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Doors close on another Newham pop-up

Struggling regeneration scheme Industri[us] has been closed for the rest of August after a request for emergency funding was turned down by Newham Council

London-based practice Fluid, which runs Industri[us] on a site near Canning Town station, will use the period to evaluate the future viability of the scheme.

The move comes just days after fellow Meanwhile London competition winner London Pleasure Gardens entered administration (AJ 06.08.2012).

Fluid director Christina Norton told AJ: ‘We have closed the site for the rest of the month while we take stock and plan ahead.

‘There is no point continuing with the plan we had for the Olympic period so we’ve decided to close for that period and look at how we can develop our model.’

Industri[us] was selected to use a site in the Royals Business Park via the Meanwile London competition, which was run by Newham Council and the Mayor of London.

But the scheme’s funding plan was based largely on attracting business from thousands of visitors to the nearby ExCeL Centre during the 2012 Games.

With visitor numbers hugely down on forecasts, Fluid resorted to hosting gigs to raise money and asked Newham for help with running costs.

However with the council turning down the funding plea, it decided the music events were not a practical short-term solution.

‘Until we have a sense that the events will raise enough cash to contribute to our community and upcycling aims, [we are putting them on hold],’ said Norton.

‘We are also all exhausted.’

A spokesperson for the London Borough of Newham said earlier this week: ‘It is disappointing that Industri[us] have decided to close temporarily. We will work with Indistri[us] to help make their future offer one that appeals to residents across Newham as well as visitors to the borough.

‘Both Industri[us] and the London Pleasure Gardens have been a victim of the success of Games organisers in getting visitors to and from the ExCel centre so efficiently. We have raised those concerns with Games organisers and have seen some recent improvement. The Meanwhile London winners were chosen on the basis of their vision and business planning over the longer time, not just Games time.

‘We are aware that businesses in Newham reported an initial drop in trade to varying degrees. We cannot however accept financial or other responsibility for that drop in trade.’

Previous story (AJ 08.08.2012)

Further problems for Newham’s pop-ups

Funding problems have emerged at another architect-led project selected by Newham Council to regenerate areas of the east London borough.

The Industri[us] social enterprise, masterminded by London-based practice Fluid, has requested financial support from the council after failing to secure forecast visitor numbers during the Olympics.

The move comes just days after fellow Meanwhile London competition winner London Pleasure Gardens entered administration (AJ 06.08.2012).

Industri[us] won the right to use a site in the Royals Business Park through the competition, which was run by Newham Council and the Mayor of London.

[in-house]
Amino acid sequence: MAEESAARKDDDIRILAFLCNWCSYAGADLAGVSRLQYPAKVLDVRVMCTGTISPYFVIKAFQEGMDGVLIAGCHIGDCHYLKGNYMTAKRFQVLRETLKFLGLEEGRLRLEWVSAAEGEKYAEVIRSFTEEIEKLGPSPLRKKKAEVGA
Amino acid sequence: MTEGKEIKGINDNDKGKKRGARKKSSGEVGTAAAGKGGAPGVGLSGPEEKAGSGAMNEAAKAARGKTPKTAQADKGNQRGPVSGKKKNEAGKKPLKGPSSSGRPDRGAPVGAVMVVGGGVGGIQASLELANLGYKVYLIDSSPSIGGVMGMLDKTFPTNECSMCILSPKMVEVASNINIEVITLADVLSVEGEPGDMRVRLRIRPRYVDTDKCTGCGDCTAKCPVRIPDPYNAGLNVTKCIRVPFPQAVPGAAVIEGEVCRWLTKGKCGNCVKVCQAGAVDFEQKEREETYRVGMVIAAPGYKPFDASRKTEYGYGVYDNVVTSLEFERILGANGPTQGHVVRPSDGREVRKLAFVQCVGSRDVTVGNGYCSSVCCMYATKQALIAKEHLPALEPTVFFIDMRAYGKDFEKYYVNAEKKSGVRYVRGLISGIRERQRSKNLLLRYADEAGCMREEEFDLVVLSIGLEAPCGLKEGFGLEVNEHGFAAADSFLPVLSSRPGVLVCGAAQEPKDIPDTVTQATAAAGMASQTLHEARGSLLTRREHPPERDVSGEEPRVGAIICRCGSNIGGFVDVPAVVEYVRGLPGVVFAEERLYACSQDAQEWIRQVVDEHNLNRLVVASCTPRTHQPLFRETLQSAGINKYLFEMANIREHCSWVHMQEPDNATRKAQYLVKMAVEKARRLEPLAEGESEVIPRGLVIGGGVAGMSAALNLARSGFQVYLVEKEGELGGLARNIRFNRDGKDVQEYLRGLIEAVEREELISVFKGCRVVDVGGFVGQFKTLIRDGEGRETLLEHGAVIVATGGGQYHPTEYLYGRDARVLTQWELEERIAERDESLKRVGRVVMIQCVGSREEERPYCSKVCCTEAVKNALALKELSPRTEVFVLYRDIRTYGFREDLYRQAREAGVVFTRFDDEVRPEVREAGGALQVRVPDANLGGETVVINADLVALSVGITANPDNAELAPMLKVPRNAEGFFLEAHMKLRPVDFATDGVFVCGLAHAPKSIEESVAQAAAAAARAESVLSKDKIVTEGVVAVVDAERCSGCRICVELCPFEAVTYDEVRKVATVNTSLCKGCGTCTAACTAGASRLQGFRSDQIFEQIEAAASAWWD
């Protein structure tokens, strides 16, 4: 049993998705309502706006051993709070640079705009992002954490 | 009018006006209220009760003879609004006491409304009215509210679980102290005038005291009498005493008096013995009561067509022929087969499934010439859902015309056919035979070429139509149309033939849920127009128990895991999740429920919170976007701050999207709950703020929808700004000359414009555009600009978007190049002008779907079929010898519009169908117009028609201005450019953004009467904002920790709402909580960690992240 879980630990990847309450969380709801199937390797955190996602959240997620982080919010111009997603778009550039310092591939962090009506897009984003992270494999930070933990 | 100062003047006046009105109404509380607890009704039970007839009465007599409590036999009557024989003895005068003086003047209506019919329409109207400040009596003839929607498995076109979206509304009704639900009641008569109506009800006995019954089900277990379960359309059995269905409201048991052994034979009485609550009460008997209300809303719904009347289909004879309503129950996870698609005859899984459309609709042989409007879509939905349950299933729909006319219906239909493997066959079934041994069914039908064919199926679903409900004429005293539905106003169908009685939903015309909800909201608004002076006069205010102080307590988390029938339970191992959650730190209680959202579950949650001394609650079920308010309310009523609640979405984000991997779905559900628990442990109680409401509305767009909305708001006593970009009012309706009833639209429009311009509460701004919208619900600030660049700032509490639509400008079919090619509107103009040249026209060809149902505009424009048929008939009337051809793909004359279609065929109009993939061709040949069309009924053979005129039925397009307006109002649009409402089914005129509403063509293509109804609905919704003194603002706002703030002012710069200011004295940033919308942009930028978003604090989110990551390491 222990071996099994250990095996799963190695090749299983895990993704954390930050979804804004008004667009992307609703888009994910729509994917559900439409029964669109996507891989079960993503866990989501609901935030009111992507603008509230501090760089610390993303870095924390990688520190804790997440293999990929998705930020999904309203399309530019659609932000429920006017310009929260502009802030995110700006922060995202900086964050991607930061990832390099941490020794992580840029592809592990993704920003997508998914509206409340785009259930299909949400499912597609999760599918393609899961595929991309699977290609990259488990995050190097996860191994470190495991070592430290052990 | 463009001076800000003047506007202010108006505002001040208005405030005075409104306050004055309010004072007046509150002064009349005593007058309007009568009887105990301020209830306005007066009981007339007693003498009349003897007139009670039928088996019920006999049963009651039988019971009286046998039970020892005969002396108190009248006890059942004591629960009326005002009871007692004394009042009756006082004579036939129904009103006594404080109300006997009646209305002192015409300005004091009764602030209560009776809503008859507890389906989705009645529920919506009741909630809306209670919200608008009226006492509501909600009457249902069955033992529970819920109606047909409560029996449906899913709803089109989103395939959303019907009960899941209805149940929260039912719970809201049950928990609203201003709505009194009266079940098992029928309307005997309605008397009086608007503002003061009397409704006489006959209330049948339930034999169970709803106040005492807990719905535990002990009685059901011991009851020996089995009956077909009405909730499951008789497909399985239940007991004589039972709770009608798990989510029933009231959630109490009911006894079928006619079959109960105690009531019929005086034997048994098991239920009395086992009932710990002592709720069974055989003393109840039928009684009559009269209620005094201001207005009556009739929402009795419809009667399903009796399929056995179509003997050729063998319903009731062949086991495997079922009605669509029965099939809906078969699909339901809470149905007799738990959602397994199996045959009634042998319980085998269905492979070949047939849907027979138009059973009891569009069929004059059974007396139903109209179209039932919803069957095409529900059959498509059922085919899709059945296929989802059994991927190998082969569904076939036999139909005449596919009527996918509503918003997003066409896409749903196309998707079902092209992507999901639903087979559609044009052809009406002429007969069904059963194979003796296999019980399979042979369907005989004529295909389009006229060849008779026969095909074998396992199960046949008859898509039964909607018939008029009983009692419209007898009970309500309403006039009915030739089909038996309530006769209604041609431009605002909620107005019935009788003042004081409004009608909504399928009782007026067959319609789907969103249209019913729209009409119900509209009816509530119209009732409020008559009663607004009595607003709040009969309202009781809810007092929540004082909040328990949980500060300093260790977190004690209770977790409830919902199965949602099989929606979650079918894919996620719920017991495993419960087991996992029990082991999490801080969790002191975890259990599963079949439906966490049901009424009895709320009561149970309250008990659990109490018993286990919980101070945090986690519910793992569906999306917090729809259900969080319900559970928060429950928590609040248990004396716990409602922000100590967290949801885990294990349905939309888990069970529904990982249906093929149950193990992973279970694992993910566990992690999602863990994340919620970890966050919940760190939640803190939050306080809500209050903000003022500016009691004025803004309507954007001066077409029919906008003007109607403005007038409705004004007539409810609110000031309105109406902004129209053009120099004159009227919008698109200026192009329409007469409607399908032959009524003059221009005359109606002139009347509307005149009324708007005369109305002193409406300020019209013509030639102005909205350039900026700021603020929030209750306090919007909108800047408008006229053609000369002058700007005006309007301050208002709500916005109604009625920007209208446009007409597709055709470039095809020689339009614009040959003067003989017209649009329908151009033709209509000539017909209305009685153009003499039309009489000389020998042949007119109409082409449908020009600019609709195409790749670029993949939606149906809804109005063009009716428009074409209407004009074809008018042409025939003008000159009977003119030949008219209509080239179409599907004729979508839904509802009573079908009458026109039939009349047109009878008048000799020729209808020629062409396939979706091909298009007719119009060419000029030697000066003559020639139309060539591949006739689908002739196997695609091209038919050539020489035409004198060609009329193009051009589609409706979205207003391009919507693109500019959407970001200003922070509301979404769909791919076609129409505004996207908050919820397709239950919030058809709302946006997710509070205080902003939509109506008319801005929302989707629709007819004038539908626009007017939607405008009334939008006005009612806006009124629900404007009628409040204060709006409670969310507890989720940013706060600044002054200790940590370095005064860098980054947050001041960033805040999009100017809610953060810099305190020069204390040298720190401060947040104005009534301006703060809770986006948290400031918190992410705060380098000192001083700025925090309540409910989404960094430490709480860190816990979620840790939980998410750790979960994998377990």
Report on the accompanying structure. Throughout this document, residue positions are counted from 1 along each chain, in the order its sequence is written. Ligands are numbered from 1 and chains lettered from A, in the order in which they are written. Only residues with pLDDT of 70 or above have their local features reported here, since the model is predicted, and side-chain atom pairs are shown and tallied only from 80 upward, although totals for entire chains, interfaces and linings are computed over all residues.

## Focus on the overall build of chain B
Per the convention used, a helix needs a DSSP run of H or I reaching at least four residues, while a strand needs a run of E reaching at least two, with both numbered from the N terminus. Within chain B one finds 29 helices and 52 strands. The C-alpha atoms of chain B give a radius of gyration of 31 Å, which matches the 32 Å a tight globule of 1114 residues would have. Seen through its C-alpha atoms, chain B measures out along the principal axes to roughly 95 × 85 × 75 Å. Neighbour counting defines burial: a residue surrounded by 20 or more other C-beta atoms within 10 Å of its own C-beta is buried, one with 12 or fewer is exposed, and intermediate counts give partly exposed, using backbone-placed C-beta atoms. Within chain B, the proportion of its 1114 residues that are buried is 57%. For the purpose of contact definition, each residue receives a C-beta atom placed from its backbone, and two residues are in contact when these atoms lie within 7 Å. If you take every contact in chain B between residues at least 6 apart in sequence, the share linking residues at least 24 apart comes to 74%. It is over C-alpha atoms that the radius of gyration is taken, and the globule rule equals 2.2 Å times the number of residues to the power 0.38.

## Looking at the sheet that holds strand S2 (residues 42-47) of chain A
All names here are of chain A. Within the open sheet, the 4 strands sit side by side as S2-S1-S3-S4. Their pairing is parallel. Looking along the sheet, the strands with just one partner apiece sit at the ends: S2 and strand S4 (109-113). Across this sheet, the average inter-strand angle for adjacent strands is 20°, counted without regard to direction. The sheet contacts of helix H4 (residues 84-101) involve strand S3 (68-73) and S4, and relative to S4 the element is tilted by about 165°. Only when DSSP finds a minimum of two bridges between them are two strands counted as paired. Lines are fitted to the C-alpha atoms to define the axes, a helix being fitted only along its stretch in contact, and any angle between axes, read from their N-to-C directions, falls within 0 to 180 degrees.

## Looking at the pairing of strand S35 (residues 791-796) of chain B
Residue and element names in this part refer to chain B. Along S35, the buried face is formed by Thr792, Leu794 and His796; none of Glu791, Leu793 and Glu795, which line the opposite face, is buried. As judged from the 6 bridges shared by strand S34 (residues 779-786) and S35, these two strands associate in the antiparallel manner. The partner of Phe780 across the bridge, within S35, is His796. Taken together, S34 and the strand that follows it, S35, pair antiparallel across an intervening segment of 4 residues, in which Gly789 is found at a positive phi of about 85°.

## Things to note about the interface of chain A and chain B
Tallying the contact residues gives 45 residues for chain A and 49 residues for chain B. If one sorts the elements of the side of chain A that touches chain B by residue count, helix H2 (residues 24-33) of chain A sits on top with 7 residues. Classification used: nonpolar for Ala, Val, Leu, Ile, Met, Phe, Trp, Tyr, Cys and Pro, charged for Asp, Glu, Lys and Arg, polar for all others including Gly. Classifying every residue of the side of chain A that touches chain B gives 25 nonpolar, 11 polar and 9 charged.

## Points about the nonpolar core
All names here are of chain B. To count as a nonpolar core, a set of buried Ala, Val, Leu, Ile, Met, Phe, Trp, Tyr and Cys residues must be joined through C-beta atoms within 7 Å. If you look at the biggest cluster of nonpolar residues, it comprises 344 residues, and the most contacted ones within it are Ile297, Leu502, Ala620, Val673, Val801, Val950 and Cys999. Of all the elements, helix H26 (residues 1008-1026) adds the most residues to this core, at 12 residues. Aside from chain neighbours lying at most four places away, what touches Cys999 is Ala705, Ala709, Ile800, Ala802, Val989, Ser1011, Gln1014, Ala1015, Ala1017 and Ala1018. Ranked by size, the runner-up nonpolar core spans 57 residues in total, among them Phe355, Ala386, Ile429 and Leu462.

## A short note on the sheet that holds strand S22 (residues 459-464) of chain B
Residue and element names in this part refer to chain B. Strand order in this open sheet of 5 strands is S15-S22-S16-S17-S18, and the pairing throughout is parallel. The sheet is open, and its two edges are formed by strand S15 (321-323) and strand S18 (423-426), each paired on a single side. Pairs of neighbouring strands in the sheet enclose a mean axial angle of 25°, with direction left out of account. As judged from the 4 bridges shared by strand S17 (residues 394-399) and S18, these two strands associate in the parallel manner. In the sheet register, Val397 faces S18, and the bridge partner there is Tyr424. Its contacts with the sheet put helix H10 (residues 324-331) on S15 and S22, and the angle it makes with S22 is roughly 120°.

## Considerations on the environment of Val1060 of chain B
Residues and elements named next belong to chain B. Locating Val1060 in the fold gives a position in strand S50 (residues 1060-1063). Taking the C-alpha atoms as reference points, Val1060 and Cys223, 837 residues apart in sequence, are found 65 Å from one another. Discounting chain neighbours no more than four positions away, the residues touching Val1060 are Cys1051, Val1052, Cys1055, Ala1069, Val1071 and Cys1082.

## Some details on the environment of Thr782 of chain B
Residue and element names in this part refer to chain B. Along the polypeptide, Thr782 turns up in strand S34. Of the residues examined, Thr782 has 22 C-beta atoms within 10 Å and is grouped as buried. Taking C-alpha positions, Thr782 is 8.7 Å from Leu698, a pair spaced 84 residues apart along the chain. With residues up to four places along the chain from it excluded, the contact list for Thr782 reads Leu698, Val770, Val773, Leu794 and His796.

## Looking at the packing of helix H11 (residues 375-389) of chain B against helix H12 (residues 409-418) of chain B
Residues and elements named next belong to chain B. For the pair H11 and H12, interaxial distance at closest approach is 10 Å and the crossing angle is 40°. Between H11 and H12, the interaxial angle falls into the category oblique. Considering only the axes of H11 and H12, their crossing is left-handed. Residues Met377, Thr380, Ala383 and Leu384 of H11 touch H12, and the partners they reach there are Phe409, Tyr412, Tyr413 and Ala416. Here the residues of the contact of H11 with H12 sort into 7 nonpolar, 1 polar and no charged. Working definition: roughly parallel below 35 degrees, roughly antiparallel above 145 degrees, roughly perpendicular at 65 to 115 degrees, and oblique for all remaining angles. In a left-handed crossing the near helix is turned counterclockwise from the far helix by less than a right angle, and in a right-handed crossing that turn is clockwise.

But the scheme’s funding plan was based largely on attracting business from tens of thousands of visitors to the nearby ExCeL Centre during the 2012 Games.

Industri[us] project manager Clare Richards told the AJ: ‘Locog and Newham Council assured us there would be tens of thousands of people coming off the Docklands Light Railway and walking past our site during the Olympics.

‘Stewards were positioned to direct crowds – but there are no crowds.’

Richards said the scheme needed funding to help with costs such as electricity generation and CCTV.

‘Running costs are crippling us,’ she said. ‘Some tough decisions will have to be made without help raising funding.’

The body, which aims to rework and revalue found materials and waste products in conjunction with the community, has resorted to hosting gigs to make money.

‘Unless we get [financial support from the council] we will have to be the coolest music venue in east London to attract the punters,’ said Richards.

‘There are commercial risks to that, and we are an architecture practice paying bands up front rather than developing community aspects of this project.’

She added: ‘We have repeatedly asked Newham for support but we have not heard back on our latest request.

‘We think the story has changed since the Olympics started.’

A spokesperson for the London Borough of Newham said: “The Meanwhile London competition winners were awarded by the LDA and Newham on the basis of their vision and business planning over a two-year period, not just Games time.

‘Our financial investment in London Pleasure Gardens was made on a commercial basis. We remain confident that our investment can be safeguarded and that the site has a viable long-term future as a venue and attraction.

‘We are aware that many businesses in Newham are reporting a drop in trade to varying degrees. They are a victim of the success of Games organisers in getting attendees to and from sites efficiently but we have raised this with the relevant agencies and have seen some recent improvement.

‘We cannot accept financial or other responsibility for the resultant drop in trade.’ 

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